Wednesday, January 16, 2002

California college changed wine quality forever

By John Vankat
The Cincinnati Enquirer

        Do you recall your first exposure to wine? Mine came nasally, when I was a graduate student at the University of California, Davis. One morning, I walked past the back of a nondescript building and WHAM, I was overwhelmed by aromas unlike anything I'd experienced.

        I remember thinking to myself, “Far out (OK, it was the '60s), something special goes on in there.”

        In the front of the building, a sign read simply: Viticulture and Enology.

        I didn't know it then, but I had stumbled across the world's pre-eminent university program for grapes and wine, and I was smelling aromas emanating from the department's fermentation room where students were learning their craft.

        The UC Davis viticulture and enology program was created in 1880 by the California legislature to spur improvements in the state's fledgling wine industry. Research began on a branch of UC Berkeley located near Davis, a small town west of Sacramento. Known as University Farm, it later was a cornerstone in the founding of UC Davis. The first practical short course in viticulture was offered in 1908.

        Thousands of students later, walk into any California winery and you'll find nearly everyone in charge of growing grapes and making wine is either a UC Davis graduate, has learned from graduates or has taken short courses at UC Davis.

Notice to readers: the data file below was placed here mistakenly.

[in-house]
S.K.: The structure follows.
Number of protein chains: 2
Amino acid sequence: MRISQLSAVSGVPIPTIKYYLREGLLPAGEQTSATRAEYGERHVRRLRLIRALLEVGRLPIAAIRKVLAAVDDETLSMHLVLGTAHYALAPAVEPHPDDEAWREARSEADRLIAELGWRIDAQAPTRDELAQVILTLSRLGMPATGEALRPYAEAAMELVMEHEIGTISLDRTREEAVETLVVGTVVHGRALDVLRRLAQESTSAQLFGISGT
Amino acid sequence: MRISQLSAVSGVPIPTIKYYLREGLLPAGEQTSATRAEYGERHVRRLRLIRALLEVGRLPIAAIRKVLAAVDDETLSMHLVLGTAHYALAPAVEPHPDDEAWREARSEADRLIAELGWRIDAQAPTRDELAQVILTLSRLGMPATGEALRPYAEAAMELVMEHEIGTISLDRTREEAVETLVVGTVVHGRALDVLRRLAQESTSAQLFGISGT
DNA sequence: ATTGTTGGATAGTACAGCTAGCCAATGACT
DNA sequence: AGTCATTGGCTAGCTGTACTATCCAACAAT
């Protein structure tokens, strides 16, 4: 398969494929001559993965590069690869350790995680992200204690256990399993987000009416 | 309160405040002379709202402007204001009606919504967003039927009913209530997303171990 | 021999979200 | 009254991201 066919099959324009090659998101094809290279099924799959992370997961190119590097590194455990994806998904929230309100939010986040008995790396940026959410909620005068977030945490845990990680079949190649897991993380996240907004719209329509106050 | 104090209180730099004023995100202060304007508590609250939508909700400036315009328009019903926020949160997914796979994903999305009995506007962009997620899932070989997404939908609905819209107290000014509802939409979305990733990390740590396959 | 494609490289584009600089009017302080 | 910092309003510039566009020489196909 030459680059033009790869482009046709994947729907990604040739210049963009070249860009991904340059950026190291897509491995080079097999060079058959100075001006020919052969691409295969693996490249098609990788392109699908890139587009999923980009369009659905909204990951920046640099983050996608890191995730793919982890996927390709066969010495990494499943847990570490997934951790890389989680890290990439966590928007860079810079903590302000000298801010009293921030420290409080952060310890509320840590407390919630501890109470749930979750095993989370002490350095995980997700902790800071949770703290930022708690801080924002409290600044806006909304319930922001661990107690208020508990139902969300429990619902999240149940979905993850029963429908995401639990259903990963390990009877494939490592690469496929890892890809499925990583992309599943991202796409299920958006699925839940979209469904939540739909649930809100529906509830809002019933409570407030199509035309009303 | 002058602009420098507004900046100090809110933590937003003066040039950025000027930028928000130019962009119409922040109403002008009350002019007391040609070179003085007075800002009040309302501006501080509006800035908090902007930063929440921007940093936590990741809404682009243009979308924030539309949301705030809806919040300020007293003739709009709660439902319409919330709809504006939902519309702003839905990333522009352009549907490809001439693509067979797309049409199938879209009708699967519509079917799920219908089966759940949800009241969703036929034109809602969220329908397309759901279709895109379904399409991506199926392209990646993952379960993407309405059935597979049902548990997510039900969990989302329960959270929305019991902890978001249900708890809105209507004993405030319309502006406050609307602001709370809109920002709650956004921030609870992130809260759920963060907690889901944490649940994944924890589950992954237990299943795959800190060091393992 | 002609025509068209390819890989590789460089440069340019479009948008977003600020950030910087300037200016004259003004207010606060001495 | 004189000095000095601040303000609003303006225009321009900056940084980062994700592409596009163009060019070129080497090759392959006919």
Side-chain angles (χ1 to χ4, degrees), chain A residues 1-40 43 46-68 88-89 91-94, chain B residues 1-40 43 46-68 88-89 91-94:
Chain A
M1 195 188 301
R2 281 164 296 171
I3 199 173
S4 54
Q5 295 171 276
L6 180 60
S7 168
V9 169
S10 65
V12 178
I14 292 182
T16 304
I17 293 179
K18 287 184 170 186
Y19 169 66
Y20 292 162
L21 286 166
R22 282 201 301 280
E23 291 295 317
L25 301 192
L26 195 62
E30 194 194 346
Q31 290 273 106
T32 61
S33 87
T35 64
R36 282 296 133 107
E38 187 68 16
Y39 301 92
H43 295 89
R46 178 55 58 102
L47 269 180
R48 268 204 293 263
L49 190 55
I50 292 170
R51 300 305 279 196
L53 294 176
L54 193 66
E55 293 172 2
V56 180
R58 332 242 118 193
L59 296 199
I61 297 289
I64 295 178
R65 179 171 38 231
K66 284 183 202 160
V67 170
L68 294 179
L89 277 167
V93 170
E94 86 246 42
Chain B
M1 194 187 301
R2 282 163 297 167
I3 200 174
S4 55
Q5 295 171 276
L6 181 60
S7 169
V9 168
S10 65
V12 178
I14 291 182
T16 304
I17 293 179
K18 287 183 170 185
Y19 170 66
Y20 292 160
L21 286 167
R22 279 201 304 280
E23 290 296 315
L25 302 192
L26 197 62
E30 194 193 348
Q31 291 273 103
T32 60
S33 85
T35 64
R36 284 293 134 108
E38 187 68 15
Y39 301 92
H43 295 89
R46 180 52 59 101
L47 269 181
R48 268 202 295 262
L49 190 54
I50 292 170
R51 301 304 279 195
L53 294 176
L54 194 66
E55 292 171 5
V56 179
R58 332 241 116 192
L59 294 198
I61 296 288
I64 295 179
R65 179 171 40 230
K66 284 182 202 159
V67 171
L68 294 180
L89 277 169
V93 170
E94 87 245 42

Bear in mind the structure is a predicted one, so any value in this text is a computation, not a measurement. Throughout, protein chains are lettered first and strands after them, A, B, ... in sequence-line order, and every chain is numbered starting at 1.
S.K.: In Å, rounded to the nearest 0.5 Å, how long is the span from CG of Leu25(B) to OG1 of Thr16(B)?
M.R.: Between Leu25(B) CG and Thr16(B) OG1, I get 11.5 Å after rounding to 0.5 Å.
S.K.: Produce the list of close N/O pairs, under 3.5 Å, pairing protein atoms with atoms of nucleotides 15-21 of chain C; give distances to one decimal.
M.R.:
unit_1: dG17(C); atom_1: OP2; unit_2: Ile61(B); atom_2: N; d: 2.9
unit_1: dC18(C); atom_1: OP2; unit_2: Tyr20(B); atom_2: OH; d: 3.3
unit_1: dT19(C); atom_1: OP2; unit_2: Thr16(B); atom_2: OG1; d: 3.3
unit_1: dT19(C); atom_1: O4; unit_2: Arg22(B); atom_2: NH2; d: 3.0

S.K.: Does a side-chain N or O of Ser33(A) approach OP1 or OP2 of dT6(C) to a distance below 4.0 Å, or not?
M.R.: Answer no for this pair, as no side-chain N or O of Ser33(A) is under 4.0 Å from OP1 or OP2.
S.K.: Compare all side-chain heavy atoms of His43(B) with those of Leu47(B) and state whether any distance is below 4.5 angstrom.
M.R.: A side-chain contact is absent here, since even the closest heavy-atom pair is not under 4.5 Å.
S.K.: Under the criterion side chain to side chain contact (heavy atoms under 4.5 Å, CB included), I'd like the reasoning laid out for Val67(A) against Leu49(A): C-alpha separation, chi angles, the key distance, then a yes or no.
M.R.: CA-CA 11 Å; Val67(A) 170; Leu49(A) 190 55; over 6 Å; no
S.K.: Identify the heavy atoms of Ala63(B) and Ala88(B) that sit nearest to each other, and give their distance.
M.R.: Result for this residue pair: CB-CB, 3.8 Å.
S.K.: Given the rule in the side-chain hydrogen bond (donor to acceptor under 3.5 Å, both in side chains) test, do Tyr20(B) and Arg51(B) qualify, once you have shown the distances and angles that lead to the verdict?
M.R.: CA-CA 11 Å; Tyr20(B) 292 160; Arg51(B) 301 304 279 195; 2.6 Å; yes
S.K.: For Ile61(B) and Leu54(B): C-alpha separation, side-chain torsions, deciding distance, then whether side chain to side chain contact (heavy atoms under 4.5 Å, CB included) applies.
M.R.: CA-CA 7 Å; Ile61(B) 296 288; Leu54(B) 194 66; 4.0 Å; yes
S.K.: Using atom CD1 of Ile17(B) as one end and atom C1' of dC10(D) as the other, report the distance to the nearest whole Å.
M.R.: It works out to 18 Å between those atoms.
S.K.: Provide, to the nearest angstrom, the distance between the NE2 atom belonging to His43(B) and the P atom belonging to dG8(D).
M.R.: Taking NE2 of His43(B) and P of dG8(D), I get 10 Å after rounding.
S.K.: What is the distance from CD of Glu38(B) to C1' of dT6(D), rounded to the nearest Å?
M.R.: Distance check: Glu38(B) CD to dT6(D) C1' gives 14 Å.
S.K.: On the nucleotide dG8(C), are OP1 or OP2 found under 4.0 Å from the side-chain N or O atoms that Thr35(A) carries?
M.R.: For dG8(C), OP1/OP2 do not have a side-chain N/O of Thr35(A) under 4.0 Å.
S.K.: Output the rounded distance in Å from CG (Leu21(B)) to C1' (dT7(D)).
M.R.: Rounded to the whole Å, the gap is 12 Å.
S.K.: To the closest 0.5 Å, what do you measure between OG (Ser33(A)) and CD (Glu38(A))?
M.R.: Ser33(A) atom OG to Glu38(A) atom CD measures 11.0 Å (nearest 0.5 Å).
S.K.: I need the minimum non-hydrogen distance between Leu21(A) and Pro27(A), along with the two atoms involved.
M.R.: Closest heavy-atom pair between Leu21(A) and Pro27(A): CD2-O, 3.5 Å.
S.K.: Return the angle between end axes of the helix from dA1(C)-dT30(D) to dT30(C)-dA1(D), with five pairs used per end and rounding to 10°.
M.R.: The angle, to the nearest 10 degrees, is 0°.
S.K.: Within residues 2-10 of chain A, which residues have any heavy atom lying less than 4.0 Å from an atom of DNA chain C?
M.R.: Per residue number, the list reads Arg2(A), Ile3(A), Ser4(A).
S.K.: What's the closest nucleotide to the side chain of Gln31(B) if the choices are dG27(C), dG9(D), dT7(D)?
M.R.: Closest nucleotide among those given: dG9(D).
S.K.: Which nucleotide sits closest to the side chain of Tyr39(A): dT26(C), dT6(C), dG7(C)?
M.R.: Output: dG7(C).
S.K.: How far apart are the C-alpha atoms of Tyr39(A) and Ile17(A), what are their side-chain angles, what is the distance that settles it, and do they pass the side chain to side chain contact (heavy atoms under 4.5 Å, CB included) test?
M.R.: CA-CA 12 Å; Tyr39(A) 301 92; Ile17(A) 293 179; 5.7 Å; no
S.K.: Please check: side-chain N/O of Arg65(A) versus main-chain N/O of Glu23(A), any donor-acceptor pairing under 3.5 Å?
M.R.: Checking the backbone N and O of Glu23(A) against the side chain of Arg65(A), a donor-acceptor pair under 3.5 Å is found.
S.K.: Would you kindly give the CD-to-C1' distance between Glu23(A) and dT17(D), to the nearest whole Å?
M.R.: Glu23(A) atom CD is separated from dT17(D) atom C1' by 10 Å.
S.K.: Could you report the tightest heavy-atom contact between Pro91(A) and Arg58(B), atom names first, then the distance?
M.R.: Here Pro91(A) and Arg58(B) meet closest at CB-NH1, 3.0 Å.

It's difficult to overestimate the impact of the department. Robert Mondavi, who recently gave $35 million to the university, acknowledged his success was due to a book written by a UC Davis professor.

        “I learned to make wine only because I followed that book so religiously,” said, Mr. Mondavi, who became a leader in the development of the modern California wine industry and sent his son, Tim, to UC Davis (Class of '74) to study grape growing and wine making.

        In the Tristate, few wine lovers recognize the importance of UC Davis. But pick up a bottle of California wine and see for yourself. Stated on the front label is an appellation, such as “Carneros,” designating the region where the grapes were grown. Carneros, a cool region in southern Napa and Sonoma counties, is known for its wonderful chardonnays and pinot noirs.

        The relationship between particular grape varieties and particular sites was discovered, not by centuries of trial and error as in Europe, but by climate research at UC Davis in the 1930s. Without this knowledge, there would be no meaningful appellation system.

        Check out the back label, too. If it gives information on the winemaking process, it likely says something about malolactic (or secondary) fermentation, a chemical process developed at UC Davis to soften the harshness of wines. For example, the smooth, buttery flavors so admired in some California chardonnays result from “malo.”

        And even in buying the bottle, you were influenced by UC Davis. Before 1950, “good wine” merely referred to wine that hadn't spoiled. Today, thanks to the successful application of UC Davis research that determined how to manage the bacteria that spoiled wine, wine buyers safely assume nearly all bottles meet this standard and employ much higher standards in selecting “good wine.”

        Yet another product of UC Davis deserves to be almost as well known as the appellation system, malolactic fermentation and “good wine.” It's a small disk called the wine aroma wheel. It can be useful to any wine lover, and I'll write about it in my next column.

       Contact John Vankat by mail: c/o Cincinnati Enquirer; fax: 768-8330.


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